As consumer behaviors shift, with more and more people using their various devices and services to access unique content, new fitness equipment companies have shifted to a content marketing-based approach.
In 1996, Bill Gates published an essay in which he famously declared “Content is king.” Gates predicted the rise of the Internet would provide businesses of any size with seemingly endless opportunities to publish informative and entertaining content as a means of engaging customers.
Flash-forward more than two decades, and his prediction appears to be correct. Companies across a range of industries have relied on the content marketing approach to reach customers, spread brand awareness, and distinguish their products from those of the competition.
Social media has added increased value to this approach. Although social media platforms may have been initially designed to serve as communication tools, helping users keep in touch with the important people in their lives, recent reports indicate consumers are increasingly using these platforms for content discovery.
Disruptors such as Netflix have also emerged as new types of content creators. However, such companies are by no means the only ones generating content now. Businesses that may have been unlikely to do so in the pre-Internet age have found that offering customers with information and entertainment should also play a major role in their overall strategies. For instance, companies that technically offer home-based fitness equipment have begun to provide users with unique content that differentiates their products from similar products.
Consider the example of Peloton. In 2016, the company earned the top spot on a major list of the fastest growing companies in New York. Peloton’s success is arguably due to its unique, content-based approach.
John Foley, the founder and CEO of Peloton, started the company because he found he often didn’t have the time to go to the gym and exercise regularly. While in-home exercise equipment was already available, he found the in-home exercise classes did not match the quality of those available at fitness centers.
Foley decided to create a business which offered fitness equipment that allowed users to access a library of streaming classes conducted by high-quality instructors. The content Peloton offers users allows them to get the same benefits of working out at the gym when they don’t have time to actually visit one. The hardware essentially serves as a means of delivering the service.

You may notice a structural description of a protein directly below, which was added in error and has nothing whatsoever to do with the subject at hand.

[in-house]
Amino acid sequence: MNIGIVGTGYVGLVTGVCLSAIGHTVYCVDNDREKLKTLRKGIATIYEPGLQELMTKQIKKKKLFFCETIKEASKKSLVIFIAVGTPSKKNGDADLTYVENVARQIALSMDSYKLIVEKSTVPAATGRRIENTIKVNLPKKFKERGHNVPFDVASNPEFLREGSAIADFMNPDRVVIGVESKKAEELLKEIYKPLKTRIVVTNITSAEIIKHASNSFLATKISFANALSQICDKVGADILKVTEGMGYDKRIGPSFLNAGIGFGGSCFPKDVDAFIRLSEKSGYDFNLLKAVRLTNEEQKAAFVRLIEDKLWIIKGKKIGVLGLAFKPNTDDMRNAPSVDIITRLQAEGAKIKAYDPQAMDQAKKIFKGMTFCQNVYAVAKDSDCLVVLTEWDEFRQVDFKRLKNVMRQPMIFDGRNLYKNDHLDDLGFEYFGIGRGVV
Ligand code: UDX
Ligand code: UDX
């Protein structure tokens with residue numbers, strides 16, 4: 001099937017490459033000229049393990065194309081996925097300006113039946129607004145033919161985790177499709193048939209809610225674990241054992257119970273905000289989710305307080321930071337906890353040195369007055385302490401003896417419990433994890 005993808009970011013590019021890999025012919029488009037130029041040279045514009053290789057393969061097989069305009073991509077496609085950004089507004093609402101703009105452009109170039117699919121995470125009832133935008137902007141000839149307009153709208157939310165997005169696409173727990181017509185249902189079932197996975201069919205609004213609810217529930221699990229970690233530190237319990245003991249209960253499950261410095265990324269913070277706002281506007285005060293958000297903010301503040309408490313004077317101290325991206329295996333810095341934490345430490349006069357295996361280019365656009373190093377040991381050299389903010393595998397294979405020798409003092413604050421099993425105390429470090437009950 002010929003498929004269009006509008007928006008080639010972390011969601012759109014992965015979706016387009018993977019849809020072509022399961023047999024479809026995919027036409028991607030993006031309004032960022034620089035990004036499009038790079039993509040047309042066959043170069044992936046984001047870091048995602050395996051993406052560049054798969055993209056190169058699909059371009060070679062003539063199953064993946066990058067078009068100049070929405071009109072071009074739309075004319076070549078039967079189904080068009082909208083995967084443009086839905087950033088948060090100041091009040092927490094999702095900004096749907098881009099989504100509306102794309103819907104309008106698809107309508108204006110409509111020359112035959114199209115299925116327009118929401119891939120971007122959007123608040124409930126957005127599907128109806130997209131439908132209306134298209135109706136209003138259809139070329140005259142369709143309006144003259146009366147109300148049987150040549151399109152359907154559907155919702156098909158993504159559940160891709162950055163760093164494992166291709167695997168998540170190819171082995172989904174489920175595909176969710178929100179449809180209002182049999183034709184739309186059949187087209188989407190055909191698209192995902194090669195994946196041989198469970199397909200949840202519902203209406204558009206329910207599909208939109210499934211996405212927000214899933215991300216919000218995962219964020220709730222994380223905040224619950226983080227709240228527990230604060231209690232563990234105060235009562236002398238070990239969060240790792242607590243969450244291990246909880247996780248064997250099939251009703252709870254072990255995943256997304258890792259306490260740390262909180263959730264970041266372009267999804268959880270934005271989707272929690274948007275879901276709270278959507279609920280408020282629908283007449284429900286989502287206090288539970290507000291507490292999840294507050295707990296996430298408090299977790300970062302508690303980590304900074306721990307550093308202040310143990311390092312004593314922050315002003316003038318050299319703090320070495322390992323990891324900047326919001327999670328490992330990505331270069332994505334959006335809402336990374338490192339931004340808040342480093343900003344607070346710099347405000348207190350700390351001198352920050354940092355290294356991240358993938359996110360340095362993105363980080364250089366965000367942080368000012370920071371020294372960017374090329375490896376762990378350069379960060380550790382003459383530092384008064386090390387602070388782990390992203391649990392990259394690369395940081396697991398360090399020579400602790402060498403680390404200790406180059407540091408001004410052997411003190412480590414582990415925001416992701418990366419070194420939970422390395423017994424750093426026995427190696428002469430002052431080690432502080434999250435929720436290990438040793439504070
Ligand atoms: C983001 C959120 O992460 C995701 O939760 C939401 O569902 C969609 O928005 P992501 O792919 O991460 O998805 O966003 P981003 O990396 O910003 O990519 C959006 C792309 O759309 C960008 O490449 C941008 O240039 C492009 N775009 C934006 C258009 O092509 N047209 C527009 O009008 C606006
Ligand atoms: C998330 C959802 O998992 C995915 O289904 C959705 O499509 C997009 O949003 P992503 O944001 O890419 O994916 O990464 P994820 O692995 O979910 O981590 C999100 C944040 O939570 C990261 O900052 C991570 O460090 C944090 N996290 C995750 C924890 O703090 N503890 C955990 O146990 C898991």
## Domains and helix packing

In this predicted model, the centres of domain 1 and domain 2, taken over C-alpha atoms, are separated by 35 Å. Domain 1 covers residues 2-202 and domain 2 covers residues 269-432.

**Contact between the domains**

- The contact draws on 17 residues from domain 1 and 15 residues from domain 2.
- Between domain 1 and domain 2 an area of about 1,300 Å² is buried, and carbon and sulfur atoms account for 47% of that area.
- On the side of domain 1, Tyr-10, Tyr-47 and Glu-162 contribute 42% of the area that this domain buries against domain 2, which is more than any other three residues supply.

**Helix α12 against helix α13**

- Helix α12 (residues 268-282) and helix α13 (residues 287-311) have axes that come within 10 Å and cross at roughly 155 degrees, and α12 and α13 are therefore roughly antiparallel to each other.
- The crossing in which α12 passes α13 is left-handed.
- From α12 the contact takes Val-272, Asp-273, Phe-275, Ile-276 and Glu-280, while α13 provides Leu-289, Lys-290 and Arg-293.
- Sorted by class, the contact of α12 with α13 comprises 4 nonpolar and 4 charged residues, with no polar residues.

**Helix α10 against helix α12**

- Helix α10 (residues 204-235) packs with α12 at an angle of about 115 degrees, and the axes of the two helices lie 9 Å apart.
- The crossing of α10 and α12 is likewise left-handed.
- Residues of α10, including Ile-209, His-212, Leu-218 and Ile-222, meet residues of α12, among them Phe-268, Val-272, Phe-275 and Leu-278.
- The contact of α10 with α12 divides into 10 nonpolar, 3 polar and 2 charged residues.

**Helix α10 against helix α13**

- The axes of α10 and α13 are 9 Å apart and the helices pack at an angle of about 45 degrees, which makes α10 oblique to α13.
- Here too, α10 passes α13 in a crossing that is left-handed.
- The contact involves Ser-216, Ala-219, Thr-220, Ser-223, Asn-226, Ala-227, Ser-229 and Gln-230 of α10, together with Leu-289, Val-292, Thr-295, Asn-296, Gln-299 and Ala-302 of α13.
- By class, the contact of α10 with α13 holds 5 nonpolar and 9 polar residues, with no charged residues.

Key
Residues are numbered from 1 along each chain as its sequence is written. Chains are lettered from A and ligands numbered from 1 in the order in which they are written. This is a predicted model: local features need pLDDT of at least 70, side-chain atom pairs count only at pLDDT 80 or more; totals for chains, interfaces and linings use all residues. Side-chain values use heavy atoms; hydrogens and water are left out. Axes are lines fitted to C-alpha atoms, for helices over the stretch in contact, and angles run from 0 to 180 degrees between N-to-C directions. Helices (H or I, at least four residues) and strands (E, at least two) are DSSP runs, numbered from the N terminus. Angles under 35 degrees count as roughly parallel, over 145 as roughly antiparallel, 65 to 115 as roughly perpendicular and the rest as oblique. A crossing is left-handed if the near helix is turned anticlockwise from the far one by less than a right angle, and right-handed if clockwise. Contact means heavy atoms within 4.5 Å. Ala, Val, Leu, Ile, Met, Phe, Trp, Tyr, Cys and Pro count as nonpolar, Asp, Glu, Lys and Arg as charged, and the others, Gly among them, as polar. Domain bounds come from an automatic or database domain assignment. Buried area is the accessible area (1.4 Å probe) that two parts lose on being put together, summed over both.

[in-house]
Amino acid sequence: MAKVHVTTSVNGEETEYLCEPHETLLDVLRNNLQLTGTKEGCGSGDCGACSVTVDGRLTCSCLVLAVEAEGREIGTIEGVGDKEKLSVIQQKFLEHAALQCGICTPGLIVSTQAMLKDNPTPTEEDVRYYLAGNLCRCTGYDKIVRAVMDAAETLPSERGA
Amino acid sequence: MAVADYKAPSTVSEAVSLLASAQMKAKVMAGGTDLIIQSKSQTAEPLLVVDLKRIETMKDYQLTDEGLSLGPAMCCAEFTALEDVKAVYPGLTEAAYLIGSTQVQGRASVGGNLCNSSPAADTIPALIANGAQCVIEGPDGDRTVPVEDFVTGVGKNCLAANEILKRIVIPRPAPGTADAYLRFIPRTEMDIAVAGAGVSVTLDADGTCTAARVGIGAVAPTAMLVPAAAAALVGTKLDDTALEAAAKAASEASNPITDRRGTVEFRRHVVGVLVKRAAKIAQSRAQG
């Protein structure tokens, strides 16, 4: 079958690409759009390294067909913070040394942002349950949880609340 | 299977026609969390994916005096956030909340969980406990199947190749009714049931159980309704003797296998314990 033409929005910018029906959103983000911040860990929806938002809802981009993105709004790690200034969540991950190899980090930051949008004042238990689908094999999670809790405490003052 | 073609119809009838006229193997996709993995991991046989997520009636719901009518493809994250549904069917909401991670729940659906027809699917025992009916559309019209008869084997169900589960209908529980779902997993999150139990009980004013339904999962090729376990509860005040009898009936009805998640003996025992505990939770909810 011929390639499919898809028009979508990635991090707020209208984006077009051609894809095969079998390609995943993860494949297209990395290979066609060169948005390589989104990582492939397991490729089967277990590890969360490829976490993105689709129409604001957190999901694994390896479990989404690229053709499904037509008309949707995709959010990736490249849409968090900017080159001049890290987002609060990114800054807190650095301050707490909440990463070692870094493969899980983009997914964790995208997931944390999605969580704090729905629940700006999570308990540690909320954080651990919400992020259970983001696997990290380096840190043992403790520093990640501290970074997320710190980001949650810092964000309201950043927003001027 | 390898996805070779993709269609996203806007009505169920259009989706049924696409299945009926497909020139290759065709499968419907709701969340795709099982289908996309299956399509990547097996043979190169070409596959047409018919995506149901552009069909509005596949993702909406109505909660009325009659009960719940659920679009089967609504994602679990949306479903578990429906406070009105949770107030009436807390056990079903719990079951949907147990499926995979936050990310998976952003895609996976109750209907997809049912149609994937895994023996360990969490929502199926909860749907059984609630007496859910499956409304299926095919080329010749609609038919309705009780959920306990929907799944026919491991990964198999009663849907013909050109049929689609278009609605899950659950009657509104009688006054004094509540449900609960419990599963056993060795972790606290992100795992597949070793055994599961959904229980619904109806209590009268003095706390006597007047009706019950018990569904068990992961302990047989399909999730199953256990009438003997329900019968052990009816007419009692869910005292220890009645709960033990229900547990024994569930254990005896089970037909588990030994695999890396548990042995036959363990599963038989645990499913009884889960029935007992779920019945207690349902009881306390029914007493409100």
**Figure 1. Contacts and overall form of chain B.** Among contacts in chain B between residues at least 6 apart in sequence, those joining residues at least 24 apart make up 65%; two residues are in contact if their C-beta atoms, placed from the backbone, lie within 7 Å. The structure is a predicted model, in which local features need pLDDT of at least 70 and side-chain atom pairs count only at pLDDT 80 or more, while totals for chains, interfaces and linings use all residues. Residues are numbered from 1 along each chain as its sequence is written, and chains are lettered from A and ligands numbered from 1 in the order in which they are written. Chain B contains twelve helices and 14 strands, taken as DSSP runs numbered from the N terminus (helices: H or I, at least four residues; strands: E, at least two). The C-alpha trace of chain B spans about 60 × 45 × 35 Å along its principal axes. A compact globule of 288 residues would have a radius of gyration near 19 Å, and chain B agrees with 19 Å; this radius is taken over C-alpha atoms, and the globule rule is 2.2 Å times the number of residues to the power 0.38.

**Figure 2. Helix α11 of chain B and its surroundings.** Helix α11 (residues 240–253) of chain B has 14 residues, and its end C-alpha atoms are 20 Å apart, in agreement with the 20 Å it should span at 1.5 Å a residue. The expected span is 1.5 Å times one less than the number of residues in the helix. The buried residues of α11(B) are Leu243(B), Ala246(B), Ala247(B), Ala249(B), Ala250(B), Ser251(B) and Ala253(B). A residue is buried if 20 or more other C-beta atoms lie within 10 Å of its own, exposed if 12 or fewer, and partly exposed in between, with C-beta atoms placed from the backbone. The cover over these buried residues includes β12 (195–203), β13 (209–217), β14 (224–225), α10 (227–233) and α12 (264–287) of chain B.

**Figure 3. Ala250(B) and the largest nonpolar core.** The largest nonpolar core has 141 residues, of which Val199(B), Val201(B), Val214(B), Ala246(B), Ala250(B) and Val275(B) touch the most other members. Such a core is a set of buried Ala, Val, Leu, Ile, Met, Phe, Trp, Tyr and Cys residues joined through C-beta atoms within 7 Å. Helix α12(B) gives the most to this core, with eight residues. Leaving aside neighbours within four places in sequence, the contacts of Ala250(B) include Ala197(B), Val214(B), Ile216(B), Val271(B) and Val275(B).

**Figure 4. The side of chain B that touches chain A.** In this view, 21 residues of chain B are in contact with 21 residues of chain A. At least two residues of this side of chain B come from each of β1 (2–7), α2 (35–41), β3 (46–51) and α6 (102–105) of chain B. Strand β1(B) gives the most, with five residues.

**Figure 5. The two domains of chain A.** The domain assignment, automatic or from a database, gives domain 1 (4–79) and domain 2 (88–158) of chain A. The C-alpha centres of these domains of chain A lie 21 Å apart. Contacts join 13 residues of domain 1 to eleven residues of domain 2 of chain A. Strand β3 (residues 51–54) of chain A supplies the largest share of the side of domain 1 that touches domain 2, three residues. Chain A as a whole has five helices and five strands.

It’s important to note that Foley essentially considers Peloton’s class instructors to be the kinds of celebrities companies often partner with when releasing relevant products. An example from a different industry would be a piece of kitchen equipment developed with the help of a celebrity chef and sold via a popular kitchen equipment retailer.
Thus, Peloton uses social media as a way to engage customers with the identities of their instructors. This sets Peloton’s services apart from those of competitors. Only Peloton users can participate in fitness classes taught by these specific celebrity instructors.
Mirror is another fitness company taking a similar approach. The main hardware Mirror provides is simply a display through which users can access both live and on-demand fitness classes. Again, the real product is the content. The hardware merely provides users with a way to access it from their homes. Tonal, which has been described as “Peloton for weight-lifting,” also provides users with fitness class content they can access via home devices.
There are several reasons this service model is smart. First, it prevents other businesses from copying what companies like Mirror and Peloton are doing. Yes, other fitness companies can offer at-home equipment, but they can’t offer the same content. They would need the same instructors, and, of course, they could be accused of infringement if they were to simply copy content and offer it via their own products. This helps fitness companies offer unique products customers can’t get anywhere else.
Providing content is also a way to simply meet the expectations of today’s consumers. Again, younger customers are already using social media to discover content. Consumers in general are also using devices like smartphones more than ever. They often use those devices to download and access apps which also provide their own unique content. The approach of companies like Peloton is in fact a natural response to changing consumer behaviors.
Fitness equipment can be fairly interchangeable from one company to another. Although elite athletes may prefer to use equipment from one particular brand, many average consumers can’t tell the difference between a home gym from one brand and a similar product from another.
However, when the equipment also gives users the freedom to access unique content no other brand offers, it’s more likely to attract customer attention. That’s precisely why this content-based approach has helped the relatively new fitness brands discussed here grow incredibly quickly.